We were happy HB 1005 passed out of committee and heard on the House chamber floor this week. Among other recommendations from last summer’s Housing Taskforce final report, this bill includes revolving loans to local cities and towns for housing infrastructure. While Johnson County’s fast-growing municipalities might not need access to this fund to spur housing, some rural communities could use it to help entice housing development. And any municipality wishing to redevelop a blighted area with new housing may use this fund to do the expensive lift of readying the land for a housing developer who would not otherwise do so on their own. A specific budget amount has not yet been identified to seed the fund, but the bill’s author acknowledged in the hearing $150-$200 million was originally earmarked for housing in the first round of the IEDC’s Regional Economic Acceleration Development Initiative.

We have also been tracking SB 339 which establishes a tax credit for contributions to an affordable housing organization. As the language currently reads, the credit is not refundable but may be carried forward. It also defines eligible organizations and tasks the Indiana Economic Development Corporation to approve organizations for which a taxpayer is eligible to claim a credit for a contribution. This is a good bill because it could spur private funding for workforce housing. The bill is scheduled this week for a hearing in the Senate Tax and Fiscal Policy committee.

House Committees Hear Proposals to Address Healthcare Costs

Fines for hospitals and tax credits for doctors who are unaffiliated with large healthcare systems are part of a cumulative healthcare bill heard in House Public Health Committee this Wednesday. HB 1004 is priority language for Republicans who claim they are responding to a lack of action on the part of healthcare entities and insurers to lower prices. No votes were taken on this bill, and amendments are expected to be heard in committee this week.

Meanwhile, HB 1003, which takes up the insurance component of this session’s collection of healthcare cost regulations, was heard in the House Committee on Insurance. Language to address the poor return to doctors treating Medicaid patients and delays in the prior authorization process is included in the bill, which authors say aims to increase competition in both the provider and insurance marketplaces. Additional committee discussion is expected to tie over to this week as well.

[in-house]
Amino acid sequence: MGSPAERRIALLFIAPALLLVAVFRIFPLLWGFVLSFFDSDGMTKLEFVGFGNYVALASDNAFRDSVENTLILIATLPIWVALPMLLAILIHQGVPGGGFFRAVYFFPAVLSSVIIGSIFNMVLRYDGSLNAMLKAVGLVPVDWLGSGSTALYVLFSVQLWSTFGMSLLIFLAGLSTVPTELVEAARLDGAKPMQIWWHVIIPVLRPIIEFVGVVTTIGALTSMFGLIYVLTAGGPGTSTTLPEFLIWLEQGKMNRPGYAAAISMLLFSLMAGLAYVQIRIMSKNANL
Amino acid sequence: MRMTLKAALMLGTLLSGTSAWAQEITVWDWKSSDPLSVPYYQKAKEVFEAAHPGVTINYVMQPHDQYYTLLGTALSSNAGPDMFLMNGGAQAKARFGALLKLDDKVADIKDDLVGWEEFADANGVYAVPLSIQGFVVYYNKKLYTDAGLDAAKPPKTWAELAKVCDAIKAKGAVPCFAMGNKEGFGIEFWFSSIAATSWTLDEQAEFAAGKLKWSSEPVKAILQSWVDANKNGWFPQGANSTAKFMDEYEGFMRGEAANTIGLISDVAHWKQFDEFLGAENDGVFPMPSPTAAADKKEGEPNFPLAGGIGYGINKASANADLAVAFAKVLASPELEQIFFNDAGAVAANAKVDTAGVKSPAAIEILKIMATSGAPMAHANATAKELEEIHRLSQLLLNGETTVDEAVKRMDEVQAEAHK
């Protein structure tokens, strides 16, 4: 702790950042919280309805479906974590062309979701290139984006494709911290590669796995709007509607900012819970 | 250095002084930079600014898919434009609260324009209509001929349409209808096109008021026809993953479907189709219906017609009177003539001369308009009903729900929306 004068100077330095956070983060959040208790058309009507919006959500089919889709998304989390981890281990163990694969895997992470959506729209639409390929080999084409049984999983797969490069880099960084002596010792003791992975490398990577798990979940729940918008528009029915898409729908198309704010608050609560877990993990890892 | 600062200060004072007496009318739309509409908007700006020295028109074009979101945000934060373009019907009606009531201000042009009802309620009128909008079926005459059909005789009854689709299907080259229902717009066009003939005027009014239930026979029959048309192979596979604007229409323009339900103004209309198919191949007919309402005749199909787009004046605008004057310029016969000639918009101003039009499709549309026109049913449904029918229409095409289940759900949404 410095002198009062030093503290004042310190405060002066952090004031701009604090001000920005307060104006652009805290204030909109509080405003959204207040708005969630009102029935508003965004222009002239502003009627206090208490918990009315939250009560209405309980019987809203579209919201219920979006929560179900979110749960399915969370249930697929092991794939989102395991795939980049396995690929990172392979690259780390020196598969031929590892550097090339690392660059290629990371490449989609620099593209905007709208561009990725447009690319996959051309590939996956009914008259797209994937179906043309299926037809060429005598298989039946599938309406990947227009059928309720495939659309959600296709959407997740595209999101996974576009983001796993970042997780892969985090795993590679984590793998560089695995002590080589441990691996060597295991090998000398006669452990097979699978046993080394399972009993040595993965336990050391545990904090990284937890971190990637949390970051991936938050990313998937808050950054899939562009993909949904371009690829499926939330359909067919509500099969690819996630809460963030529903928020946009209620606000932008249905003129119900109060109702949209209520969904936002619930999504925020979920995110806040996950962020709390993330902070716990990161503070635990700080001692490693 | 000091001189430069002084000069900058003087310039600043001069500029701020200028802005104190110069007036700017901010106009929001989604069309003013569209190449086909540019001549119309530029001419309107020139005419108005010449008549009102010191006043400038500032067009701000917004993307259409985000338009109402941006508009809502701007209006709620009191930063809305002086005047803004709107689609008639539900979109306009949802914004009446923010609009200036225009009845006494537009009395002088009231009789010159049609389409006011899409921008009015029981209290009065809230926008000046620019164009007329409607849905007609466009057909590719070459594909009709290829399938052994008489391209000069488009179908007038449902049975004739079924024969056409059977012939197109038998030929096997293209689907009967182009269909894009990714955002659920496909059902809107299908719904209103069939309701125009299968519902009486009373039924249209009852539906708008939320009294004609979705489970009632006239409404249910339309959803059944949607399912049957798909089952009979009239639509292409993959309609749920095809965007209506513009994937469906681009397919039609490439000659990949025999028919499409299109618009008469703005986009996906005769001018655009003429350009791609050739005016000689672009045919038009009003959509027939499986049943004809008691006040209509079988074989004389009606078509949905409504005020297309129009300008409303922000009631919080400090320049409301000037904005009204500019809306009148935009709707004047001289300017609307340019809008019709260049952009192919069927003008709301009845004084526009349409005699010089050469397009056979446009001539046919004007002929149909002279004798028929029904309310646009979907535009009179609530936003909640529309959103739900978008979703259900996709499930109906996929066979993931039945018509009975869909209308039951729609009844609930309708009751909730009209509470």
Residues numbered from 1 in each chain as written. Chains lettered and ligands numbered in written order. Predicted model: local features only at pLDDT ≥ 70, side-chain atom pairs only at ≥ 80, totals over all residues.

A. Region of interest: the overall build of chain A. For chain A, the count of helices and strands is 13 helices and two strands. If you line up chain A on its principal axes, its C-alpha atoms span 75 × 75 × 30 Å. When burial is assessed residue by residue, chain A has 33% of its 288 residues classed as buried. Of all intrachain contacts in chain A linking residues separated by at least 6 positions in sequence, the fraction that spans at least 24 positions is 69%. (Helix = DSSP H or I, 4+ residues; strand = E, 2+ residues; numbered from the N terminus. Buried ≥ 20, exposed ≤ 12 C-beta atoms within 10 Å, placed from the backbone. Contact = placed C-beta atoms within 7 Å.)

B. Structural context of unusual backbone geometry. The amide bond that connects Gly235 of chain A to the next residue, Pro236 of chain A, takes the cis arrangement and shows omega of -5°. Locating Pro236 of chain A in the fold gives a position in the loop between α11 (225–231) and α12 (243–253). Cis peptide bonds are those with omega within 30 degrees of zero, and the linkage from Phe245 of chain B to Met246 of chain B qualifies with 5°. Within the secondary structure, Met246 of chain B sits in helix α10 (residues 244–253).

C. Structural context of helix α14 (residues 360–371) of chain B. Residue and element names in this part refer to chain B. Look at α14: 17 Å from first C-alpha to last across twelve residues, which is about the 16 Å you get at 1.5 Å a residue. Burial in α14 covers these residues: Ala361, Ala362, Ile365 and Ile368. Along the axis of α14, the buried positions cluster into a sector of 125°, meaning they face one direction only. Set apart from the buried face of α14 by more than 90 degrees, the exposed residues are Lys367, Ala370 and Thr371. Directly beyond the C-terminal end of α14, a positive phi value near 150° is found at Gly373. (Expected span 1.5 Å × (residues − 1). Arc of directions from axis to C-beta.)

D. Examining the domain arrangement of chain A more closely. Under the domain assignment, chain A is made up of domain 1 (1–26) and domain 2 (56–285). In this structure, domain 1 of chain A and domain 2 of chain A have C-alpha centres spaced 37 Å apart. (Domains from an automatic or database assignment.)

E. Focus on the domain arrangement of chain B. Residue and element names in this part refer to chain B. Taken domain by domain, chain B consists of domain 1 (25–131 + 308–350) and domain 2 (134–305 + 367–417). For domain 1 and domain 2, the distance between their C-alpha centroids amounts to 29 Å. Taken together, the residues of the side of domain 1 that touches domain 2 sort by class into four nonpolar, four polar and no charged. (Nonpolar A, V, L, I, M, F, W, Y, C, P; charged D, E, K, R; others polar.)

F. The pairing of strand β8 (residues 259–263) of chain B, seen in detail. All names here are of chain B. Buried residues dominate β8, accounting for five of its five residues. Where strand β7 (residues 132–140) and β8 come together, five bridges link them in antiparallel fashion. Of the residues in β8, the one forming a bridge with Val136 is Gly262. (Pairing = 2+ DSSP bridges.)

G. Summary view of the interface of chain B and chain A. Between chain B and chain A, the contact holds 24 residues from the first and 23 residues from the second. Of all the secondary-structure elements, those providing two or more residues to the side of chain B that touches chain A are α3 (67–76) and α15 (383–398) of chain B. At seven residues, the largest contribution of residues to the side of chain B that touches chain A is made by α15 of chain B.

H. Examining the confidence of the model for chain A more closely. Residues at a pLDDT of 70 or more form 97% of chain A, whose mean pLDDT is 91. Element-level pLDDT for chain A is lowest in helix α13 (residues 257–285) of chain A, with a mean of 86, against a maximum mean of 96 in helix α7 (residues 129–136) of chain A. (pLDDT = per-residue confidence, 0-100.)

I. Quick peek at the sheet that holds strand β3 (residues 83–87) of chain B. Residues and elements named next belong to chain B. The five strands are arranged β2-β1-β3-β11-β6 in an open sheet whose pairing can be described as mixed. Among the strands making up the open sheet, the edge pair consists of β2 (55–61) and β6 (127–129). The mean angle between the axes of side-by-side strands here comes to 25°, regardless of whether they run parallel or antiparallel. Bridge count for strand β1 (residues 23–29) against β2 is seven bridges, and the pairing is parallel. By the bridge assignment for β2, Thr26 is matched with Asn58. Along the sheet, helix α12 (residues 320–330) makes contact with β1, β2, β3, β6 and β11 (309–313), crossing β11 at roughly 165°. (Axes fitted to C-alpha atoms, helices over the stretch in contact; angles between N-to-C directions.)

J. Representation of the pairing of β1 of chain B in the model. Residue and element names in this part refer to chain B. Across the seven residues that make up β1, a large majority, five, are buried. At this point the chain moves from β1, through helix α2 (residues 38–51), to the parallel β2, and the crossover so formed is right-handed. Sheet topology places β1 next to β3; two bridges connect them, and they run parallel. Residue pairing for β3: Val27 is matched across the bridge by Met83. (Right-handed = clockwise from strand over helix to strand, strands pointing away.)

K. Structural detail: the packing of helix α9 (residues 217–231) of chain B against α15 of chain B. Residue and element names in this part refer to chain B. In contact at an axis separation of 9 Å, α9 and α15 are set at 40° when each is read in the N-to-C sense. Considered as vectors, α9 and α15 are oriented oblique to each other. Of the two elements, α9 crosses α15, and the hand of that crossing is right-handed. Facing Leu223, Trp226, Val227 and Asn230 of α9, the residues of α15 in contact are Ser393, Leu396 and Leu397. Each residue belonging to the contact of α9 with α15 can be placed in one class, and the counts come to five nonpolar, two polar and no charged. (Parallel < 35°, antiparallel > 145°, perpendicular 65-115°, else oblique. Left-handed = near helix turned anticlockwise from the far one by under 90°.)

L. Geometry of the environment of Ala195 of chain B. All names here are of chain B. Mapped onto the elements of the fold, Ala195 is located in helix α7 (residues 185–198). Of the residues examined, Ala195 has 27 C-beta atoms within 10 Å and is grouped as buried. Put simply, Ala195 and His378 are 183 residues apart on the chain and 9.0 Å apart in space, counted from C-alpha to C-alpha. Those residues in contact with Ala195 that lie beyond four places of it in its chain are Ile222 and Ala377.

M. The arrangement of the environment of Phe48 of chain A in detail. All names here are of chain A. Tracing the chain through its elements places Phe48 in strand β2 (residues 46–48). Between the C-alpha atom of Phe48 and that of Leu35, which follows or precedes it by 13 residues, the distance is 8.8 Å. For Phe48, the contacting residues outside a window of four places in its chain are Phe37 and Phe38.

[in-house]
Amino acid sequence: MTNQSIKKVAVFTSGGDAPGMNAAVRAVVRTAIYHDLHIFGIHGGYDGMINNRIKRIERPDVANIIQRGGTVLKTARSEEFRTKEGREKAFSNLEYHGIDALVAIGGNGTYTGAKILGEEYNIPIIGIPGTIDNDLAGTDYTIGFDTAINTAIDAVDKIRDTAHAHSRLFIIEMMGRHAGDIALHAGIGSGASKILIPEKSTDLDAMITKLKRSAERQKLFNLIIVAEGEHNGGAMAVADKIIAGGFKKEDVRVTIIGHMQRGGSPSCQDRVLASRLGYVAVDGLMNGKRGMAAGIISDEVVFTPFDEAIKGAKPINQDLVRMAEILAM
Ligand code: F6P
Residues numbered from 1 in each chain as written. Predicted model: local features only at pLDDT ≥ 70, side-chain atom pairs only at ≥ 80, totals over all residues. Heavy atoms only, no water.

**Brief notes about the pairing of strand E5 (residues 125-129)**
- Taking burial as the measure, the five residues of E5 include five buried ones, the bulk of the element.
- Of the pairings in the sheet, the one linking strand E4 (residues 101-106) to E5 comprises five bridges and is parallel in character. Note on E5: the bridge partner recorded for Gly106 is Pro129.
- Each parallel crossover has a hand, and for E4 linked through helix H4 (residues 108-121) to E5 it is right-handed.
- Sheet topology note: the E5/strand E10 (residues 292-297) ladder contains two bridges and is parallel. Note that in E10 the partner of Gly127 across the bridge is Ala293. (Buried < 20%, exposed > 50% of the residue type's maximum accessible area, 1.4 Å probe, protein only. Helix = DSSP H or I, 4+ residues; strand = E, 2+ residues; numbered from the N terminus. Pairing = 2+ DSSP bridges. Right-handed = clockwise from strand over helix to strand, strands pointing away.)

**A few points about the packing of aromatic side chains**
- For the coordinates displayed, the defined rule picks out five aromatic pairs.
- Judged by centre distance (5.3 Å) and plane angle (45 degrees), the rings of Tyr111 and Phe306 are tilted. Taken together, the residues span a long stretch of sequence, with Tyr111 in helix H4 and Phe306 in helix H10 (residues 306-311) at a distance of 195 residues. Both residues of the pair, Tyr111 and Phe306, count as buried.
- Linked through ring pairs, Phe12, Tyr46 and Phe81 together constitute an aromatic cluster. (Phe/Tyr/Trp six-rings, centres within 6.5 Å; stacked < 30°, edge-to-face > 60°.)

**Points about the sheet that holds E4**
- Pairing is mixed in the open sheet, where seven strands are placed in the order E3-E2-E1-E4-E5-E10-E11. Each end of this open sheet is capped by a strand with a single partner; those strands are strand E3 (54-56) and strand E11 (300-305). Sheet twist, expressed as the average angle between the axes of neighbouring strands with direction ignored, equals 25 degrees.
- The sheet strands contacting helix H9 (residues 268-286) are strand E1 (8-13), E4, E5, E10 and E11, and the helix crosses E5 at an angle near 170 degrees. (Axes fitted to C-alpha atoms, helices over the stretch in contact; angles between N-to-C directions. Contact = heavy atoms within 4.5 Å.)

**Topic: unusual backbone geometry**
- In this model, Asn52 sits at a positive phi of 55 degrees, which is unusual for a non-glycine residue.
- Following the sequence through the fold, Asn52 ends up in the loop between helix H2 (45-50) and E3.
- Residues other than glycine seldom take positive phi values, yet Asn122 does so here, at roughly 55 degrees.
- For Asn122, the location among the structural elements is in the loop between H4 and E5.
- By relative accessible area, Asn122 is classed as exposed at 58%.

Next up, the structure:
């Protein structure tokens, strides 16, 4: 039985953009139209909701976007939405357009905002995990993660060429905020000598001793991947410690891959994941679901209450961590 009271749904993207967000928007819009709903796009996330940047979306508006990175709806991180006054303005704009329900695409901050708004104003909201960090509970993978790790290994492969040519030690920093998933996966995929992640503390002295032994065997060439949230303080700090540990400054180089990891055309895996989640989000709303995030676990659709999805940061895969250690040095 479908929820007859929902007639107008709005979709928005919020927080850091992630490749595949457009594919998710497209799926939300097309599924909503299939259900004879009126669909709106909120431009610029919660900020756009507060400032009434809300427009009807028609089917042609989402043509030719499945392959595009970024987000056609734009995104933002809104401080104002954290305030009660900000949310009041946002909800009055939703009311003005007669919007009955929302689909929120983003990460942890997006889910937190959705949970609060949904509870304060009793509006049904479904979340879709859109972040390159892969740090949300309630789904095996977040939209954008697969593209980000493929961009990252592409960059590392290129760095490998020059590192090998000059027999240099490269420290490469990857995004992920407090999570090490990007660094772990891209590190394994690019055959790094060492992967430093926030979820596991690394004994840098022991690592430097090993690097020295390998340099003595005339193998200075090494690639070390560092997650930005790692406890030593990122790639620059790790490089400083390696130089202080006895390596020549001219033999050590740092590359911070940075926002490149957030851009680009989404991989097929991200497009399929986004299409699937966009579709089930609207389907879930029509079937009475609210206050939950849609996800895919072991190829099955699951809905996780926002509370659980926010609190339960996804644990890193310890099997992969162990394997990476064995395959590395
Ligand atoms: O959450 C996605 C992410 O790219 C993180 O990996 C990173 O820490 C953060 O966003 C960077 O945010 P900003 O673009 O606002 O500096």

Privacy Legislation Advances Out of Committee

A bill to create a “bill of rights” for Hoosier data privacy would allow consumers to monitor how their data is used and provide an option to delete it. SB 5 also includes a requirement for businesses to have annual data protection assessments and security checks. (We checked – the business thresholds are pretty high, so this won’t be onerous government regulation for nearly all our members.)

This GOP priority legislation passed unanimously out of the Senate Committee on Senate Commerce and Technology Committee last week and is now up for further consideration by the full Senate.

Don’t File your 2022 Tax Return so Fast – A new Tax Break is Coming!

Thanks for following this long update this week. (You didn’t just skip down here, did you?) This is an update you really need to know.

What’s happening: SB 2 is a Senate Republican priority bill that authorizes partnerships, sole proprietorships, LLCs, and S-Corporations to make an election to pay income tax at the entity-level based on each owner's aggregate share of adjusted gross income, instead of passing the tax liability down to the shareholders individual tax return.

This bill sailed unanimously out of the Senate Committee on Tax and Fiscal Policy last week with a unanimous vote and then heard on the Senate floor. It is expected to pass the full Senate this week and then fast-track through the house. We heard the Governor wants in on his desk yet this month.

How this helps you: This will help company owners get around the federal $10,000 state and local tax deduction limit to individuals by keeping the deduction at the entity level, which has no federal deduction limit. (No, Indiana is not changing the federal tax code, just how/where Indiana entities may deduct state and local taxes.)

A vast majority of Indiana businesses are small businesses organized as pass through entities.

Our support: Duh.

Yes, but: The bill is retroactive to January 1, 2022, and the 2022 tax filing season has already begun. Your friendly CPA may not have the software updates for this Indiana tax code change by April 15. Many of you reading this may need to extend or amend your 2022 return. Unless your CPA runs on Dunkin.

Be patient: Some advocates estimate this bill’s passage could result in an estimated $50 million annual tax savings for business owners. So be nice to your CPA this spring as they scramble late in tax season to apply these savings to your return!